Flashcards in Statistics III Deck (29):
What is the basic idea behind survey sampling?
simple random sampling
If respondents from small geographically local clusters are chosen, it is called ...
... cluster sampling.
How is the procedure, of which the following is an example of, called?
We could randomly choose a number of women from a population, and separately randomly choose a number of men from the population, where the numbers are chosen so that the proportions of males and females are the same as in the population.
What is the correlation coefficient?
the normalized version of the covariance
What does the correlation coefficient show by its magnitude?
By its magnitude it shows the strength of the linear relation.
What does "normalization" (in its simplest case) mean?
Adjusting values measured on different scales to a notionally common scale (often prior to averaging).
What does μ stand for?
the mean of the population
What does σ stand for?
the standard deviation
How is the letter σ called?
How is the letter μ called?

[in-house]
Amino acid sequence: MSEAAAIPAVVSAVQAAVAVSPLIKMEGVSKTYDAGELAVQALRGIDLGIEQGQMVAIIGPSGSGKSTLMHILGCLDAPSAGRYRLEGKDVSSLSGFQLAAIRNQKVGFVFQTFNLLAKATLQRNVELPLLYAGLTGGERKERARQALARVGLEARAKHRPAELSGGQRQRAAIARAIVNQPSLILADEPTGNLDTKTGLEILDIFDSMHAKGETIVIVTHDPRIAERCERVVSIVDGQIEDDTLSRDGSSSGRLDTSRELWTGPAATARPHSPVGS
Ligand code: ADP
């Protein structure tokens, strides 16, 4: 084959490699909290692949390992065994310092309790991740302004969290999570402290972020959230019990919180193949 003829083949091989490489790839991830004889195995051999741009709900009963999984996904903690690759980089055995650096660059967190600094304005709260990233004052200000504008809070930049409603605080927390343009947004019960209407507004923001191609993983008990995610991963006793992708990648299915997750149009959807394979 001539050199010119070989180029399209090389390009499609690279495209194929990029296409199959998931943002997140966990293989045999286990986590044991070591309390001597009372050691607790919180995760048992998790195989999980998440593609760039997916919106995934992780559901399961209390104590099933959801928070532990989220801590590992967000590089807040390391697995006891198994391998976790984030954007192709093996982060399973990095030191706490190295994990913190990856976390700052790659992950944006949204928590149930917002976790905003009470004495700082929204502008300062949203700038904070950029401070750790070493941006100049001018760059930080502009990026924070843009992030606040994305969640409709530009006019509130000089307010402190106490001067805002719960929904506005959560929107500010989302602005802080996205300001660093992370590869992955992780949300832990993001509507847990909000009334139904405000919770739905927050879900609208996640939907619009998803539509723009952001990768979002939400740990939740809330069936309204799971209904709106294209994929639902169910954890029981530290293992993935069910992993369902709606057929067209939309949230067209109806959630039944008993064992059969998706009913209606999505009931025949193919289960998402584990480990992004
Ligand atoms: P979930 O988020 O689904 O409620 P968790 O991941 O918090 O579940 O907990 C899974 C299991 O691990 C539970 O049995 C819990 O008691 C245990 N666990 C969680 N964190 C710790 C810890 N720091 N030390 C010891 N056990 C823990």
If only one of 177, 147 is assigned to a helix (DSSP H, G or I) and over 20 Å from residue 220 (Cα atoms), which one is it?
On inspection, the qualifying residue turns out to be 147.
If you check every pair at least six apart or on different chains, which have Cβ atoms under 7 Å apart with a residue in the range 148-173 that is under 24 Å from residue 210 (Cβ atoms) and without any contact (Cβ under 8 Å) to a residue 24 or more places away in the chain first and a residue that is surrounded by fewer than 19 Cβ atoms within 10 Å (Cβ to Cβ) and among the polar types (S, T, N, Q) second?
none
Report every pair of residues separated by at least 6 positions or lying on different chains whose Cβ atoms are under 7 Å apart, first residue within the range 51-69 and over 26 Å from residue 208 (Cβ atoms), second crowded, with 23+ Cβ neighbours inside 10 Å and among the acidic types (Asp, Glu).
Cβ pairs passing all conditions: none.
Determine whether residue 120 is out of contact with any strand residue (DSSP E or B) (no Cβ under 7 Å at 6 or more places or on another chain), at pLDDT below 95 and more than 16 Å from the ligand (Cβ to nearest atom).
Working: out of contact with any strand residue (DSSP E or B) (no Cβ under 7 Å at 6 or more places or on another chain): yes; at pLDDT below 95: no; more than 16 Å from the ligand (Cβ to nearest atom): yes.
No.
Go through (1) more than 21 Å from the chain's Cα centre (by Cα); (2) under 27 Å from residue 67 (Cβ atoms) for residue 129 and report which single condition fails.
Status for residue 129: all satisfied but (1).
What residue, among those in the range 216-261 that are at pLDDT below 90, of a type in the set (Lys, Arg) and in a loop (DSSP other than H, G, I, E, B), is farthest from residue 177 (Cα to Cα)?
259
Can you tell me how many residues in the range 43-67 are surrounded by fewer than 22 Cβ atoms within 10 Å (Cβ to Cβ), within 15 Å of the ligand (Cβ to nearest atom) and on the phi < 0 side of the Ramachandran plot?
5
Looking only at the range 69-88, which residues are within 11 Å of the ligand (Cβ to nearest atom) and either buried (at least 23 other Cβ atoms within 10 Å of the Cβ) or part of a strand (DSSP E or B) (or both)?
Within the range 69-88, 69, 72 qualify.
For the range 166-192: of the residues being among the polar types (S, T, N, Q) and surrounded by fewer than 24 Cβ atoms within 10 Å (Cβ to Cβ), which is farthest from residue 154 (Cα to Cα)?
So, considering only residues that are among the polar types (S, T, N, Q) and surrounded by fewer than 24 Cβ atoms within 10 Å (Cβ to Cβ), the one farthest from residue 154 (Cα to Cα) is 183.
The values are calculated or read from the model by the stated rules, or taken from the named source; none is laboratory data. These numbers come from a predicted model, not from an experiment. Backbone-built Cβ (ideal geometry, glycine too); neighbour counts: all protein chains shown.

What's the greek symbol for the "mean"?
What's the greek symbol for the standard deviation?
What does it mean to standardize values?
To standardize values around their mean and a standard deviation of 1.
What does x-Dach stand for?
the arithmetic mean
How to calculate the standard score of a raw score x?
z = (x - μ) / σ
What does z represent in the calculation of the standard score of a value x?
The absolute value of z represents the distance between the raw score and the population mean in units of the standard deviation. (negative or positive)
About covariance: What does s = 0 mean?
no association, statistical independence
About covariance: What does s > 0 mean?
About covariance: What does s < 0 mean?
What do we know about the mean and the standard deviation of a z-score?
μ(z) = 0
σ(z) = 1
About correlation: What does r = 0 mean?
no correlation, statistical independence
About correlation: What does r > 0 mean?
About correlation: What does r < 0 mean?
What tells us the coefficient of determination?
The amount of the variance of y that can be explained with y's linear dependency with x.
r = 0.5
r² = 0.25 -> 25 % can be explained
Is Cor(x, y) = Cor(y, x) true?
Is Regression(x,y) = Regression(y,x) true?
What does regression(x, y) tell us?
The influence of x on y.
In a regression(x, y) how are x and y called?
x ... predictor variable
y ... response variable